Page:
There is a lot of time for N.E.C to recover and Higdon is confident they will. He believes the problem lies in the lack of experience in the squad, not the coach. The frontman is the third oldest member of the team behind backup goalkeeper Dennis Gentenaar, who is 37, and defender Michel Breuer, 33. In his first league match, he was the oldest in the starting XI by four years, leading the attack with the support of 17-year-old Cihat Celik and Christoph Hemlein, 22. He is impressed by the talent of his teammates, but feels that such youth is a cause for concern as the side look to challenge for a place in the top eight this season.
“We need a bit more experience. A lot of the players are 21 or 22, so they’re all quite young. But they’re technically very good on the ball.
“It’s a new team here, we’ve changed a lot of players, it won’t be easy but we need to work hard at it. We want to get points on the board as soon as we can and hopefully we’ll see a spring in the lads’ steps.”
With his experience and goalscoring record, the coach and the team are counting on him to start converting chances to goals soon. The Nijmegen side are looking to improve on last term’s 15th place finish. Pastoor’s men looked destined to finish in the top eight to secure a place in the Europa League playoffs, but they completely capitulated in the second half of the season as they picked up just one point in their last ten fixtures, avoiding the relegation playoff places by only four points.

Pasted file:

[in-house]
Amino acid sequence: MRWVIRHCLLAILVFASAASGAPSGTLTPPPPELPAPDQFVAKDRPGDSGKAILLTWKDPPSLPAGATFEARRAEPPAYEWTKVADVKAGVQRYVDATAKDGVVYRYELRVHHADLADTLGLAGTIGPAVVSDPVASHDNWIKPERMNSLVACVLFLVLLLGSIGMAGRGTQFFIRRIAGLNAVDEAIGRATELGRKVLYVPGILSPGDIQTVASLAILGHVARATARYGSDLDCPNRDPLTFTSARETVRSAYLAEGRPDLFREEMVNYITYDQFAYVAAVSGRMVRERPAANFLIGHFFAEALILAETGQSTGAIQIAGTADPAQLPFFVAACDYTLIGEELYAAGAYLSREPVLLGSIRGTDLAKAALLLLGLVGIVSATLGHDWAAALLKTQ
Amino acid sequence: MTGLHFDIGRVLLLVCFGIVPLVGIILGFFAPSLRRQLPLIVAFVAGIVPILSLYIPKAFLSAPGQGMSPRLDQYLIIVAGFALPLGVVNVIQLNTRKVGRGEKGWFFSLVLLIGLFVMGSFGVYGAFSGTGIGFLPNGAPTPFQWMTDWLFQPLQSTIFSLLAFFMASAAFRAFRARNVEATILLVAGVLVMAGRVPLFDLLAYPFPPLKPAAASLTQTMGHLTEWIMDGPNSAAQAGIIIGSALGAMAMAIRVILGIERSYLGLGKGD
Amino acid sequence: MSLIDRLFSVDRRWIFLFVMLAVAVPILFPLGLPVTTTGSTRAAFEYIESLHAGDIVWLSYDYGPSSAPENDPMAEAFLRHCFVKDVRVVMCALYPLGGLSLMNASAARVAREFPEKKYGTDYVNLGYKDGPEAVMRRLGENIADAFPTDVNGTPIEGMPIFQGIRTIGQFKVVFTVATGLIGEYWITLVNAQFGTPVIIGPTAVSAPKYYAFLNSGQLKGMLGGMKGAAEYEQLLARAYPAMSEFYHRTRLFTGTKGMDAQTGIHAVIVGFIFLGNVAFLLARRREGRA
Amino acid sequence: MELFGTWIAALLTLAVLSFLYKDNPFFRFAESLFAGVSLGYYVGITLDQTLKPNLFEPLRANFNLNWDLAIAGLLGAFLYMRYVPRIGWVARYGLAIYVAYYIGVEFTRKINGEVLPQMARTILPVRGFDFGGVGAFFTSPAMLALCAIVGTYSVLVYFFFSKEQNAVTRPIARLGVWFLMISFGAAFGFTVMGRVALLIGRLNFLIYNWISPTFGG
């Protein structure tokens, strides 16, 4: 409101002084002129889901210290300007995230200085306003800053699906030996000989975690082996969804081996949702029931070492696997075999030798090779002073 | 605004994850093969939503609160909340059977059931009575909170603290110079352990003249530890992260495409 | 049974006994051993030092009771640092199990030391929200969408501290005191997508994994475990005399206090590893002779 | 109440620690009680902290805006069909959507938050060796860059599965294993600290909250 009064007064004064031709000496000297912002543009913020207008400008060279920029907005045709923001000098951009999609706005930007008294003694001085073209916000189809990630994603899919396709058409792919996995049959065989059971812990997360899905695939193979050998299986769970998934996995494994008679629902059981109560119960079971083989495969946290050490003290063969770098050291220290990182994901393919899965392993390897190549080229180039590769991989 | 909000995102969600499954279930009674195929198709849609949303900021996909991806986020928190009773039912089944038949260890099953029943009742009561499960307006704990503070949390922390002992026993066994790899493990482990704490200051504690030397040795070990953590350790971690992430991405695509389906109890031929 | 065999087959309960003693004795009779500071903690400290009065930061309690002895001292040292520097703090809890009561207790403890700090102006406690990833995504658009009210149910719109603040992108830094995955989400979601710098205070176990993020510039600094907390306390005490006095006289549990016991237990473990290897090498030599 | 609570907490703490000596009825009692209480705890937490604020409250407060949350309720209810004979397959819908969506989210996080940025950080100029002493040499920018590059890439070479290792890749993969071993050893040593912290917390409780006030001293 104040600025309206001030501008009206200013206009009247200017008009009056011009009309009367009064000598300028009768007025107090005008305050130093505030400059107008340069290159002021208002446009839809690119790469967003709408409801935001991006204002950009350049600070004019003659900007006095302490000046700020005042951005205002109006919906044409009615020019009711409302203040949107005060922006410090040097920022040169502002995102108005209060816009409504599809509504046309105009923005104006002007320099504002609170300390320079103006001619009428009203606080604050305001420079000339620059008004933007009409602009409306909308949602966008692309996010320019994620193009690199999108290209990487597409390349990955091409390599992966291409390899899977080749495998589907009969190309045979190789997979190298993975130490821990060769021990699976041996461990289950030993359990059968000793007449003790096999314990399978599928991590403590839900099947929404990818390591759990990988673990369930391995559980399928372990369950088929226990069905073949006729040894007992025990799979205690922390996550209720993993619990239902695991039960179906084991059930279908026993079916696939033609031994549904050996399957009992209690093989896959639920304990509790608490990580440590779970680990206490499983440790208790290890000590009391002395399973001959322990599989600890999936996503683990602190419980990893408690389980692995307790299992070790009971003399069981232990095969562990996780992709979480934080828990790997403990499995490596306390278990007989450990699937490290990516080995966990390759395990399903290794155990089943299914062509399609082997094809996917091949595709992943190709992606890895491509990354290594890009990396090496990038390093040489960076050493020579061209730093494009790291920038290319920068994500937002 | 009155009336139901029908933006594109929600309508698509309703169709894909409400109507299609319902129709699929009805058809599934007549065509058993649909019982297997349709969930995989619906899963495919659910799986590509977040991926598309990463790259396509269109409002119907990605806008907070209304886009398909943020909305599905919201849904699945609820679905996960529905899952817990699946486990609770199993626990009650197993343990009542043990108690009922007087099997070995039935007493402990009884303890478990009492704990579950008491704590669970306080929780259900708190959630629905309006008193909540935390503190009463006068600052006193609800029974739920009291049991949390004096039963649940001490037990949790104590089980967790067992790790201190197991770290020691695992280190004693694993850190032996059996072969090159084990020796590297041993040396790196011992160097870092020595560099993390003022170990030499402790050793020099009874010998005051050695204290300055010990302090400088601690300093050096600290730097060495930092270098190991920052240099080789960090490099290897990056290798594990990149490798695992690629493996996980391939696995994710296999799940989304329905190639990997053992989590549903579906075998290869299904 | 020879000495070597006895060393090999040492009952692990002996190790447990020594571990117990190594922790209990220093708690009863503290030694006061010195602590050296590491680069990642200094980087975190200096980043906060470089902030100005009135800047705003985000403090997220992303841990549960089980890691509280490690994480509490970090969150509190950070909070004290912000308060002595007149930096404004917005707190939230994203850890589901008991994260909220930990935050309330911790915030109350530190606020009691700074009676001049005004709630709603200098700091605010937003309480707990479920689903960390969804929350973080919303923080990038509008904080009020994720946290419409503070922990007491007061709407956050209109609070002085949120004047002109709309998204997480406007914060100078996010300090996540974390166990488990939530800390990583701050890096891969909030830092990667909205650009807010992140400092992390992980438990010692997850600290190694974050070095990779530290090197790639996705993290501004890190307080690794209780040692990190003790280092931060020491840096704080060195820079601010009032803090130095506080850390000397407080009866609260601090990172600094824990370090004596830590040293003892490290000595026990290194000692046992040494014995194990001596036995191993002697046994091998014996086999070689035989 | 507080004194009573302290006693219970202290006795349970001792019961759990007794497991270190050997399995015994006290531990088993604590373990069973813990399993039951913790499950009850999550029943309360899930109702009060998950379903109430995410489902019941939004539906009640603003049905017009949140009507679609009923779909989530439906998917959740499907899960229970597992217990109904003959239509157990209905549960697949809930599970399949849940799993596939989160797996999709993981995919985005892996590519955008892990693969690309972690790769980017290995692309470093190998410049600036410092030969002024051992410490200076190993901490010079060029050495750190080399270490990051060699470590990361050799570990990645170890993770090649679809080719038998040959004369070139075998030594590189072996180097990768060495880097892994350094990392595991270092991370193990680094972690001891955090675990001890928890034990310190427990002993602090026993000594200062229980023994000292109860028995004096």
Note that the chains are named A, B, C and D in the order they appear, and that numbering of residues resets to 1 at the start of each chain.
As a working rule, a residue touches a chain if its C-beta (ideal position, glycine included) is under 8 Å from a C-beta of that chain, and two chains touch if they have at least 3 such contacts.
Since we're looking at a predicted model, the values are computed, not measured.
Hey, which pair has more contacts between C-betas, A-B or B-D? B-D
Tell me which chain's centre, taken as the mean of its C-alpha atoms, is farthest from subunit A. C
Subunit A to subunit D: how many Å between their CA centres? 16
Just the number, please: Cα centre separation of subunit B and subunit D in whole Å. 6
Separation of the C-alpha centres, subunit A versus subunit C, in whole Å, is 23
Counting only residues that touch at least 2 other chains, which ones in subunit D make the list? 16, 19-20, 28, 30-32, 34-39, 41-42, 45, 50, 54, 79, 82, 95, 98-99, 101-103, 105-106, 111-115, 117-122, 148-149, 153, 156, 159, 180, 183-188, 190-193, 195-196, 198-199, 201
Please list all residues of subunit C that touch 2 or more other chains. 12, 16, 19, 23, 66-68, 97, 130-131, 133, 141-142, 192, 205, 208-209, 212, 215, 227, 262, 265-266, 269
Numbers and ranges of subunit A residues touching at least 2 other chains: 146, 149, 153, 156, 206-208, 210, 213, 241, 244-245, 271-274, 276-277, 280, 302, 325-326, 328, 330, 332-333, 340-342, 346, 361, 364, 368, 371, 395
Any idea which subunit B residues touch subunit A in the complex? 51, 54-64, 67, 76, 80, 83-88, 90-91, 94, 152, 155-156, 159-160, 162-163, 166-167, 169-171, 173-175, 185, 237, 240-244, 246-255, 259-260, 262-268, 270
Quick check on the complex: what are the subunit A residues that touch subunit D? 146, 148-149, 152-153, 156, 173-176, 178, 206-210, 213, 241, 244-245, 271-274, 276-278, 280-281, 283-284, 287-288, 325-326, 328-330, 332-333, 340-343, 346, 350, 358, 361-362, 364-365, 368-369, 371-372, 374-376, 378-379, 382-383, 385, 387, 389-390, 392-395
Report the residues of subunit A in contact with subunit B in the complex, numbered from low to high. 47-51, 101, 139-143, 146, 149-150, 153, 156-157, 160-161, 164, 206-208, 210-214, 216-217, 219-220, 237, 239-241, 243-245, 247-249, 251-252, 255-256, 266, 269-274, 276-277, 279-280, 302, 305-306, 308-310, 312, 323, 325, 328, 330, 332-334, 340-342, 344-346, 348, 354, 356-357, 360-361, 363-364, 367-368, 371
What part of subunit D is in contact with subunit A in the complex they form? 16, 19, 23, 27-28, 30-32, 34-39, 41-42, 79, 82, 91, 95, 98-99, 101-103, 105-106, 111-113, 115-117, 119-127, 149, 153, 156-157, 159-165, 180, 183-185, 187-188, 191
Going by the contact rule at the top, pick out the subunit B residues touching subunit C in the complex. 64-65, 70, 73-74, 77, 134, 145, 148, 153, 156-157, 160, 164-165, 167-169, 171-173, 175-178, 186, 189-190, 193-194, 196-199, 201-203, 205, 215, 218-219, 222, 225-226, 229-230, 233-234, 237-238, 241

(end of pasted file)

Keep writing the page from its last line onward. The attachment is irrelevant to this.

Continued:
This season, however, the aim is to build and maintain the consistency they lacked last year and at least have a chance of getting into the highly-contested Europa League playoff places. To do that, though, they need to have their No. 9 on form. Higdon came up against his first Dutch giant two weeks ago, travelling to Eindhoven to meet Phillip Cocu’s PSV and he meets Feyenoord mid-September. However, the former St Mirren man wasn’t intimidated by the Eredivisie powerhouse, and instead is looking forward to coming up against the other big teams in the country.
“That’s why I’m here. I look forward to the big games. In Scotland I enjoyed playing Celtic, Rangers and Hearts away, the stadiums over here are fantastic and full so that’s an experience I look forward to.”
It says a lot about the mentality and confidence of Higdon that, even after such a disastrous start, he is still looking forward to facing the powerhouses of the Dutch league. He’s in it for the adventure, but N.E.C will benefit from his desire and obvious talent in the long-term, as well as his enthusiasm and experience. At 29 and coming off the back of a remarkable season, he’s always looking to improve and learn more and this trip to Holland provides the opportunity to do so. His journey has had a rough start, but he’ll do everything he can to smoothen it out and enjoy his time in the Eredivisie.